BABIP Validations Using xBABIP – The Laggards

Last week, I discussed the two month BABIP underachievers, identifying names whose marks fell significantly below my xBABIP. Now let’s take a look at some of the hitters whose low BABIP marks are actually validated by xBABIP. These are the guys who at first glance, your knee-jerk reaction might be to expect a dramatic rebound, but the underlying skills that drive BABIP suggest there has been little bad fortune involved. That’s not to say that the hitters are going to maintain such weak skills, but that looking backward, the poor results have been legitimate.

BABIP Validations – The Laggards
Name LD% True FB% True IFFB% Hard% Spd Pull GB While Shifted% % BIP Shifted BABIP xBABIP BABIP-xBABIP
Kyle Schwarber 11.8% 39.3% 7.9% 34.4% 1.3 22.4% 87.1% 0.197 0.205 -0.008
Luis Valbuena 9.2% 34.2% 10.5% 29.0% 1.5 19.6% 73.6% 0.219 0.183 0.036
Mike Napoli 13.4% 40.4% 6.7% 33.6% 1.3 5.9% 22.4% 0.222 0.237 -0.015
Anthony Rizzo 16.4% 38.5% 4.1% 30.6% 4.0 23.6% 81.8% 0.235 0.241 -0.006
Rougned Odor 16.7% 30.7% 10.2% 35.1% 4.5 22.1% 79.4% 0.235 0.244 -0.009

Despite missing nearly the entire 2016 season and also losing his catcher eligibility in most leagues, fantasy owners were still willing to pony up a hefty price for Kyle Schwarber this year. While strong power has been there, his batting average remains well below the Mendoza Line. Who knew that Schwarber actually deserves a near .200 BABIP?! It’s easy to identify the problem — he forgot how to hit line drives and he’s pulling tons of ground balls into the shift. Oh, and the balls that aren’t being pulled into the shift are typically fly balls, or, gasp, pop-ups. The line drive rate will probably rise, but the rest of the issues he faces that have destroyed his BABIP are likely here to stay. He’s going to kill your batting average no matter what, though exactly how much is the only question.

I doubt you’re counting on Luis Valbuena, but if you’re in an AL-Only league, you certainly have to be starting him. He has never been much of a BABIP guy, but he did post a .315 mark last year. His current .219 would mark a career low, but get this — according to xBABIP, he has seemingly been fortunate to even post that high a BABIP mark! That’s INSANE. It’s actually the lowest xBABIP mark among all hitters with at least 100 plate appearances, with Ryan Schimpf just after him. He has essentially been an extreme version of Schwarber with an even lower line drive rate and more pop-ups! Valbuena missed the first month of the season with a hamstring strain and you have to wonder if he’s truly healthy. His power has disappeared as well, so something smells fishy here.

Mike Napoli has never been much for hitting line drives, but he’s taken his inability to new heights this year. Not to the same degree as the above two, but still bad. Since he hasn’t cured his sudden pop-up problem that cropped up in 2015, that fly ball rate that has increased for a third straight season to its highest mark since 2008 is a real problem. It’s nice that the power has still been there, but he’s 35 folks, let’s just ignore last year.

Anthony Rizzo is doing some really good things this year — he’s walked more than he has struck out, while he has pushed that strikeout rate down to a career best, and a mark typically reserved for light-hitting slap hitters. When you strike out just 11% of the time and still display .200+ ISO power, you are officially part of the elite. Except, of course, when you still can’t hit for batting average. In March, I warned Baseball HQ First Pitch Forum attendees that Rizzo’s 2016 BABIP significantly exceeded his xBABIP, but you may not have assumed it to be the case because his BABIP was a reasonable .309. Most of the depressed xBABIP is due to a career low line drive rate which will likely improve. But he’s hitting oodles of grounders into the shift and that looks to finally be taking a toll.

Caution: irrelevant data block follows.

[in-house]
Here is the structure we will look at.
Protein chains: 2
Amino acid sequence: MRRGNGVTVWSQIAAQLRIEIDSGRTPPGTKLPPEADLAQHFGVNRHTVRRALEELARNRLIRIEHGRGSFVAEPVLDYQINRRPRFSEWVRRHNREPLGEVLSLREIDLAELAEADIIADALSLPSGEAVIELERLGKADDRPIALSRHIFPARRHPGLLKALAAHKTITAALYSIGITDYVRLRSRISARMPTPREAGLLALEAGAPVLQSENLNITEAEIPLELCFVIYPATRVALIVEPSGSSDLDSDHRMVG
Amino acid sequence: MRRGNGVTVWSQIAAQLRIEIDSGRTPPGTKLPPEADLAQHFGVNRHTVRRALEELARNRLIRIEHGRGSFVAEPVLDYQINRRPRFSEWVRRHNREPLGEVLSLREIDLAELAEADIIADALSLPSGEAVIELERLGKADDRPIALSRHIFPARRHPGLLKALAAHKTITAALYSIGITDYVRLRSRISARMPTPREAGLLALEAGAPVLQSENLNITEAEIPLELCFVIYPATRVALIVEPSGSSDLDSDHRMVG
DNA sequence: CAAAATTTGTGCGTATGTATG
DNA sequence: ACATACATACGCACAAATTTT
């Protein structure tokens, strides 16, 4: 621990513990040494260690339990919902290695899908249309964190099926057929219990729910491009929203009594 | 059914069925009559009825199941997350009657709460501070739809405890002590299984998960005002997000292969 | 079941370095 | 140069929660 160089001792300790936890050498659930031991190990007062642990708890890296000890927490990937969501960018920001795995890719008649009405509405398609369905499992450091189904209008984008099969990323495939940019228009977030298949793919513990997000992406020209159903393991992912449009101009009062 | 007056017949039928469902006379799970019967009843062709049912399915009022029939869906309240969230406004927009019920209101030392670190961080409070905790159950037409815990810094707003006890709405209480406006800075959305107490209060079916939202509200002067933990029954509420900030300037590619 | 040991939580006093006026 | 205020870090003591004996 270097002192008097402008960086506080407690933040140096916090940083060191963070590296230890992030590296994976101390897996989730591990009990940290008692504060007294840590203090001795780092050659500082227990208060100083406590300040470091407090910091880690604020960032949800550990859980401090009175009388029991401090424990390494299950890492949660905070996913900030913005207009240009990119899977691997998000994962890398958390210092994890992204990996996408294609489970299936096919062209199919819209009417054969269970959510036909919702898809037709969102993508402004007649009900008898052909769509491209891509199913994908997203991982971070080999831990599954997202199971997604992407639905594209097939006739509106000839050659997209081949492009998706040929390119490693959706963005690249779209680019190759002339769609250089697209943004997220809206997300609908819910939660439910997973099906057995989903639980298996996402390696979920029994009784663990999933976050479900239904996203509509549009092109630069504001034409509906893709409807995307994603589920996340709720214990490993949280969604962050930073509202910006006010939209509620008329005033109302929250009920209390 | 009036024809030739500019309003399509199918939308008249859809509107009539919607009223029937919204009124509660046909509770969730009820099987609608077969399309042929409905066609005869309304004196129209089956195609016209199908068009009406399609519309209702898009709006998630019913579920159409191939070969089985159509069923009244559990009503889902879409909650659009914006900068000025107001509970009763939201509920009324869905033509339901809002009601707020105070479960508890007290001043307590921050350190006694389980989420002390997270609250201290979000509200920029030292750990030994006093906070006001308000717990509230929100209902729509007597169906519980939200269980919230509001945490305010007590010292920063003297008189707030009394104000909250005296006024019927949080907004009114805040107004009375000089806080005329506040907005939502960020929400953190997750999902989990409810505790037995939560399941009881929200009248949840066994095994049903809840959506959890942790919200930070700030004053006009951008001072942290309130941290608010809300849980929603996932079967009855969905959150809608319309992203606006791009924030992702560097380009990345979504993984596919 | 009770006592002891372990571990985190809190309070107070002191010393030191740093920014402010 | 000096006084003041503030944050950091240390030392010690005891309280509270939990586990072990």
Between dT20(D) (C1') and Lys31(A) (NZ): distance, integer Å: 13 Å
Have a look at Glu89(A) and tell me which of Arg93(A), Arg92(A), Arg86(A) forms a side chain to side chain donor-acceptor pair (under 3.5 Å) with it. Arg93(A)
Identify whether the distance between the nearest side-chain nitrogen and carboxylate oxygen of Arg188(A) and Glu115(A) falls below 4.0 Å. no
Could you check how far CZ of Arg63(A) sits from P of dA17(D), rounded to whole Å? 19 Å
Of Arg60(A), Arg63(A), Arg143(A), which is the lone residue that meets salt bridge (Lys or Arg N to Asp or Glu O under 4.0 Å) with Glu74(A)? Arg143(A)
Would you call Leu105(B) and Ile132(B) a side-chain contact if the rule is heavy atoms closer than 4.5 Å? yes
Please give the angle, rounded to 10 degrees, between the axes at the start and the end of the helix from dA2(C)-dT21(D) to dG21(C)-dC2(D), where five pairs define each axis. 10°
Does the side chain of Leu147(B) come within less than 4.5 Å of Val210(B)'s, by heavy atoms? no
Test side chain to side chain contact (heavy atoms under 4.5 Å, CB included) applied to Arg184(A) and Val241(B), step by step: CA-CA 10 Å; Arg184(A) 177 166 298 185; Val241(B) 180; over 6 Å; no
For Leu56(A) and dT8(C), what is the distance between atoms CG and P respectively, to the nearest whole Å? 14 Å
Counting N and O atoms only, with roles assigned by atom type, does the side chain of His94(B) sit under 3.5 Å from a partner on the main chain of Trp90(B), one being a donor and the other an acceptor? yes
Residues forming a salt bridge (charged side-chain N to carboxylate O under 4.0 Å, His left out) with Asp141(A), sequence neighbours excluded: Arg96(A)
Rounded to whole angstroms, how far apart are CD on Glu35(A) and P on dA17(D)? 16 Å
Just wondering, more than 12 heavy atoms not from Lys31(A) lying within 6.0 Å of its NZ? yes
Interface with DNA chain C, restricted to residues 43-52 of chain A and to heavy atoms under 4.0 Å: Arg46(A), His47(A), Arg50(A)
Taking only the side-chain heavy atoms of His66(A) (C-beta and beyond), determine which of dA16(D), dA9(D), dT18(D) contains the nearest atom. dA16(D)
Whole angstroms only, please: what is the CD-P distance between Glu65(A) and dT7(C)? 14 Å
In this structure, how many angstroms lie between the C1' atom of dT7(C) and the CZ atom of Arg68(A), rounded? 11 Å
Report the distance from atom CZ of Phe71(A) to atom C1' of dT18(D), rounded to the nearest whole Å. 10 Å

If you were expecting a repeat of Rougned Odor’s 2016 performance, you’ve been quite disappointed so far. His power was a bit fluky, but a .260-.270 average seemed reasonable. Unfortunately, he still hasn’t learned how to hit line drives at a league average clip and this year he has become a pop-up fanatic. His IFFB% ranks second in baseball and he leads baseball in total pop-ups…by FIVE! Oh, and like many lefties, he’s getting shifted a ton, and he’s obliged, hitting grounders to be gobbled up over 20% of the time. In 2015, Odor faced the shift just 9.1% of the time, but that rate spiked last year to a whopping 54.8%, and it has surged again to 79.4%. Teams have clearly figured out how to defend him and now it’s Odor’s turn to adjust.

Mike Podhorzer is the 2015 Fantasy Sports Writers Association Baseball Writer of the Year. He produces player projections using his own forecasting system and is the author of the eBook Projecting X 2.0: How to Forecast Baseball Player Performance, which teaches you how to project players yourself. His projections helped him win the inaugural 2013 Tout Wars mixed draft league. Follow Mike on Twitter @MikePodhorzer and contact him via email.

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Would you still buy low on Odor? In an OBP league, I lost Villar to injury so I just traded Carlos Santana for Odor and then immediately picked up Alonso.